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Harriman Expedition Retraced


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July 24, 2001 Souvenir Album:

Wrangell Island, Alaska

Images | Video (click images for larger view)

Wrangell ladies

Wrangell, like most villages and towns in Alaska, has suffered through periodic episodes of boom and bust, but has maintained a reputation as always being friendly. These townswomen, dressed in period costume, greeted the ship, and also illustrated how Western women traditionally entered Alaska: as missionaries, or as "women of negotiable affection." The expedition ship, Clipper Odyssey, is in the background. (Photo by National Ocean Service, NOAA).

Wrangell petroglyphs

Just outside of the town of Wrangell, Petroglyph Beach offers a collection of petroglyphs (symbols carved on rock) dating back thousands of years, of unknown origin and meaning. The carvings are in the tidal zone of the beach, and are subjected to daily tidal activity. (Photo by National Ocean Service, NOAA).

Wrangell church

This church, near the center of Wrangell, served as an occasional home to John Muir during his visits to the town. Today it is a church-affiliated elder hostel. (Photo by National Ocean Service, NOAA).

Wrangell key

Wrangell gave expedition leader Tom Litwin a symbolic key to the city, plus a chunk of garnet bearing rock. The rock is from Garnet Ledge, an area outside of town deeded to the children of Wrangell, who sell the garnets to visitors. Several children are said to have at least partially funded their college educations through garnet sales. (Photo by National Ocean Service, NOAA).

Chief Shakes house

Chief Shakes Island, at the edge of Wrangell's harbor, hosts the Kiksetti Totem Park. There is also a traditional clan home, filled with Tlingit art and utensils. A large communal area in the center surrounds a cooking pit, and this decorated wall leads to the clan leader's private quarters through the door in the center. (Photo by National Ocean Service, NOAA).

Wrangell homer

Every age and culture has their unique artifacts, such as this baseball in the Wrangell museum. Dating back to 1971, it was the first baseball hit for a home run in Wrangell little league, as attested by the newspaper article in the frame and the letter, printed on United States Senate letterhead, from one of Alaska's senators. (Photo by National Ocean Service, NOAA).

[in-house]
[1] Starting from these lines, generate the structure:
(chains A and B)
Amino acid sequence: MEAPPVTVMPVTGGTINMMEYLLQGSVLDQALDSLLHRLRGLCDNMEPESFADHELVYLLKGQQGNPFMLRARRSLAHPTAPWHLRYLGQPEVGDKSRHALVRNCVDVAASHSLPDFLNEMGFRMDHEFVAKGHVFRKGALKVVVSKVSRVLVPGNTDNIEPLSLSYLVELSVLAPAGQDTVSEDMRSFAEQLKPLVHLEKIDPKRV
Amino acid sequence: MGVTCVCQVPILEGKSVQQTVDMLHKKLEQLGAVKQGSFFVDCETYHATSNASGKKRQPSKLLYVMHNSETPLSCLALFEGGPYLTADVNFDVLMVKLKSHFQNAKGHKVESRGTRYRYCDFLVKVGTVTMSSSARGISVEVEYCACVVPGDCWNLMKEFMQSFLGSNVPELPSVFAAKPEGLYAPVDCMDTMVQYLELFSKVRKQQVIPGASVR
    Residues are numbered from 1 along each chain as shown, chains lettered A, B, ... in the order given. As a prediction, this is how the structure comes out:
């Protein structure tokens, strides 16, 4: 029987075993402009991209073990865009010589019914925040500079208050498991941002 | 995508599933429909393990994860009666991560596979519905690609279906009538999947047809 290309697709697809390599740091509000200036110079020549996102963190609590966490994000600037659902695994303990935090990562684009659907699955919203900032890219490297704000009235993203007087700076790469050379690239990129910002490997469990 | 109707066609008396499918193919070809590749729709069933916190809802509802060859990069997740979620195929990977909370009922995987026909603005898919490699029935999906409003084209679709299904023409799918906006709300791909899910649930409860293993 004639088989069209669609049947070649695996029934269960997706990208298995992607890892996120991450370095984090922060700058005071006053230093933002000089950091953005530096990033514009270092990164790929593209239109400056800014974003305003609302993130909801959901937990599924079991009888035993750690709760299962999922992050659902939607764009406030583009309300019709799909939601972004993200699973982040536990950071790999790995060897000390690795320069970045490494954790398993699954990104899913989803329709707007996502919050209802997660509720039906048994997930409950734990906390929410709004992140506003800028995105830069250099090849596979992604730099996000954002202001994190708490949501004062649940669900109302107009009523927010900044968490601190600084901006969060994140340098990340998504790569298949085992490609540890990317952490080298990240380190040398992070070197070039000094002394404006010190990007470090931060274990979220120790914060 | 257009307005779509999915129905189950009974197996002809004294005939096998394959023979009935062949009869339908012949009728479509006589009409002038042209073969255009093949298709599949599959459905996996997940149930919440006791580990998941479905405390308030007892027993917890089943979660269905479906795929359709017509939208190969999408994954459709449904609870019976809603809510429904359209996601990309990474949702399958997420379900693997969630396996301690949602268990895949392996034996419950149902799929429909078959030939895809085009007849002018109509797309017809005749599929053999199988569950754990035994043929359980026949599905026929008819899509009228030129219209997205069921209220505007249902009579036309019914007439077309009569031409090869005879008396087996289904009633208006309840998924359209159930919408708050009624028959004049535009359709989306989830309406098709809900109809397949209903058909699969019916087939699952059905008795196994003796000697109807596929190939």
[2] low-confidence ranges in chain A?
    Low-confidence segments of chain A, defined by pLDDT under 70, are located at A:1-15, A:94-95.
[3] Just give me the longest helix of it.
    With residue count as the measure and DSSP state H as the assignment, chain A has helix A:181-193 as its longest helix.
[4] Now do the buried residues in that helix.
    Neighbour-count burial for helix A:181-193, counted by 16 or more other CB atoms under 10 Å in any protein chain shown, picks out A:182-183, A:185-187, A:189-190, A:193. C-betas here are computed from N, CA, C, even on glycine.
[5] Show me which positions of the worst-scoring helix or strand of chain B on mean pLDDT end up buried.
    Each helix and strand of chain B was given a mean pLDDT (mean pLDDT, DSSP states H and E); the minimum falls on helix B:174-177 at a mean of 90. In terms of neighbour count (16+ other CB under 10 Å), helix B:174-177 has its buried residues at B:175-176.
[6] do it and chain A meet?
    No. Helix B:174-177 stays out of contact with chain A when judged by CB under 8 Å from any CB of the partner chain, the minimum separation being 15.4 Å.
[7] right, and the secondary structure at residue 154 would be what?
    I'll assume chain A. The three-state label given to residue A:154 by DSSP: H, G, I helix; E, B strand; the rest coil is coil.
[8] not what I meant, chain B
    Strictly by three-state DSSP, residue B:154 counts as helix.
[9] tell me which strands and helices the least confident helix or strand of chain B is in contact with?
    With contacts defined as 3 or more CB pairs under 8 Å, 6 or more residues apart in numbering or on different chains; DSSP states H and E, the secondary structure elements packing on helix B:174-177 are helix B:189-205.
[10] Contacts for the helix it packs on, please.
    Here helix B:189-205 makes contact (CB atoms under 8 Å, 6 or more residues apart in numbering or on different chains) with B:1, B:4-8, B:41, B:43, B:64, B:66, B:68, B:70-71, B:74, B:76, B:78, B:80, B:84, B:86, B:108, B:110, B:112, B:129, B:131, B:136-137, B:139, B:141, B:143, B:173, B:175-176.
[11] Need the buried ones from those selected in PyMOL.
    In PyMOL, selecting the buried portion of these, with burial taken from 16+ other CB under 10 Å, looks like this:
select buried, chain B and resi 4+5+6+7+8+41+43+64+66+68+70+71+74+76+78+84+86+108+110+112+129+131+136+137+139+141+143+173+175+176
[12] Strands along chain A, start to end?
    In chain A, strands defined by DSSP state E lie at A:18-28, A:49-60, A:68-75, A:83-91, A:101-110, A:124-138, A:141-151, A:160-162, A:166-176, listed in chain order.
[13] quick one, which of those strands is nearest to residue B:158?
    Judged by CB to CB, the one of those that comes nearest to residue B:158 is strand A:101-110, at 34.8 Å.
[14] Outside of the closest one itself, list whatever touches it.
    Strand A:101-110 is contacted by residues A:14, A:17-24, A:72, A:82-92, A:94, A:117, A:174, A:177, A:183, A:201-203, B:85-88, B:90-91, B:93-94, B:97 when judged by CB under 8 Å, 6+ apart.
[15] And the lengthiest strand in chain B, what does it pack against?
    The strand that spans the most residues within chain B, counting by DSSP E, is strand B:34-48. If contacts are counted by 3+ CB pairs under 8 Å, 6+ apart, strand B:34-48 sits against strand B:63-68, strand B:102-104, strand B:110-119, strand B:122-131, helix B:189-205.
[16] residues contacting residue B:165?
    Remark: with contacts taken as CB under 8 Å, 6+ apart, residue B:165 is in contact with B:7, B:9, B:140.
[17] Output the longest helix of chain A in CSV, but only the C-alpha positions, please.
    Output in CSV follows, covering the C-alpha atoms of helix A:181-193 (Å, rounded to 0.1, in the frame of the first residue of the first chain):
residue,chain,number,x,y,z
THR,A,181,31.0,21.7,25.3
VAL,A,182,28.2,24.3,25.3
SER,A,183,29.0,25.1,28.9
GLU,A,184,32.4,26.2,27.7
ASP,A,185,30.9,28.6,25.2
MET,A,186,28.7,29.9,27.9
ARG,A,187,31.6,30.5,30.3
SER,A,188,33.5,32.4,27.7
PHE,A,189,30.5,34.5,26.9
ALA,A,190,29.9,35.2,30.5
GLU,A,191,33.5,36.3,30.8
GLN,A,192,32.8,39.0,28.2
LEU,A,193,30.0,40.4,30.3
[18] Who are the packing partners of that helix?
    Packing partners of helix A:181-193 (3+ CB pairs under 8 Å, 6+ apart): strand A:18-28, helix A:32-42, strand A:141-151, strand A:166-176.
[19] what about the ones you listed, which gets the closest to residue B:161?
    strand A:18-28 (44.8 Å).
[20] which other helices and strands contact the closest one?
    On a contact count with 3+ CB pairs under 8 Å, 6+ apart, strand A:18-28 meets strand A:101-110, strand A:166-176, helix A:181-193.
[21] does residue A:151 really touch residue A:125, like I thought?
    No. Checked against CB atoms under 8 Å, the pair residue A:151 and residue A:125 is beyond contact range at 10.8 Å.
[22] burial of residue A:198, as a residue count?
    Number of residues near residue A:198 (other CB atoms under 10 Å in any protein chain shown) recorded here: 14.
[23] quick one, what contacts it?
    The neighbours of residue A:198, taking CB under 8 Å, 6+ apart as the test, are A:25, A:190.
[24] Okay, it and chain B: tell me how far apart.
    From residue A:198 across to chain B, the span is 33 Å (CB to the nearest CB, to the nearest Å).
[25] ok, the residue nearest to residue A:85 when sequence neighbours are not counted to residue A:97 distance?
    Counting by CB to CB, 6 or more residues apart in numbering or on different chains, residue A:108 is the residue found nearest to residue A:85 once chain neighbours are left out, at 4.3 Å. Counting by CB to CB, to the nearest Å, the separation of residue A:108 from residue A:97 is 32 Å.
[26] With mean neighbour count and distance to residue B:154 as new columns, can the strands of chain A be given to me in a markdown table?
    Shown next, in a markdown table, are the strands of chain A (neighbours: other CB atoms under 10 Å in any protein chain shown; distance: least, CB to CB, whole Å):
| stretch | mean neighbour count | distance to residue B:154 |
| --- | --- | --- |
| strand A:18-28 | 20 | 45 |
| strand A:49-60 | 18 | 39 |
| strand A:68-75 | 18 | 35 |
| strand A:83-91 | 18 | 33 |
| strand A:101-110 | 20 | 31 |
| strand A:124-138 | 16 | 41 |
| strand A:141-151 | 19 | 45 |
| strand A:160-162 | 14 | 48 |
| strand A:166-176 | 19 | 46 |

Wrangell gridiron

Wrangell, like most of southeast Alaska, has impressively large tides. Local boat owners have learned to use the tides as an aid in boat maintenance: at high tide, they position their boats over a "gridiron," such as this one, which then gives them access to the outer hull at low tide. (Photo by National Ocean Service, NOAA).

Farragut Bay

Southeast Alaska has famously rough seas, but on this night the waters of Farragut Bay were still and silent. A fog slowly crept in to mask off the surrounding terrain. But what really made the moment special was the time: it is almost 10 p.m., but the long summer days provide just enough light to take a picture. (Photo by National Ocean Service, NOAA).


Tlingit dancers

Wrangell went out of its way to welcome the Harriman Retraced expedition, including hosting a reception at the Elk's hall. At the hall, a local dance troupe performed a series of Tlingit dances. This short clip is from one of those dances. Note, in particular, the backs of the robes, which display clan affiliations. (QuickTime format, 10 seconds, 1.7 megabytes. RealVideo alternative.) (Photo by National Ocean Service, NOAA)




For information on the Harriman Retraced Expedition e-mail: harriman2001@science.smith.edu

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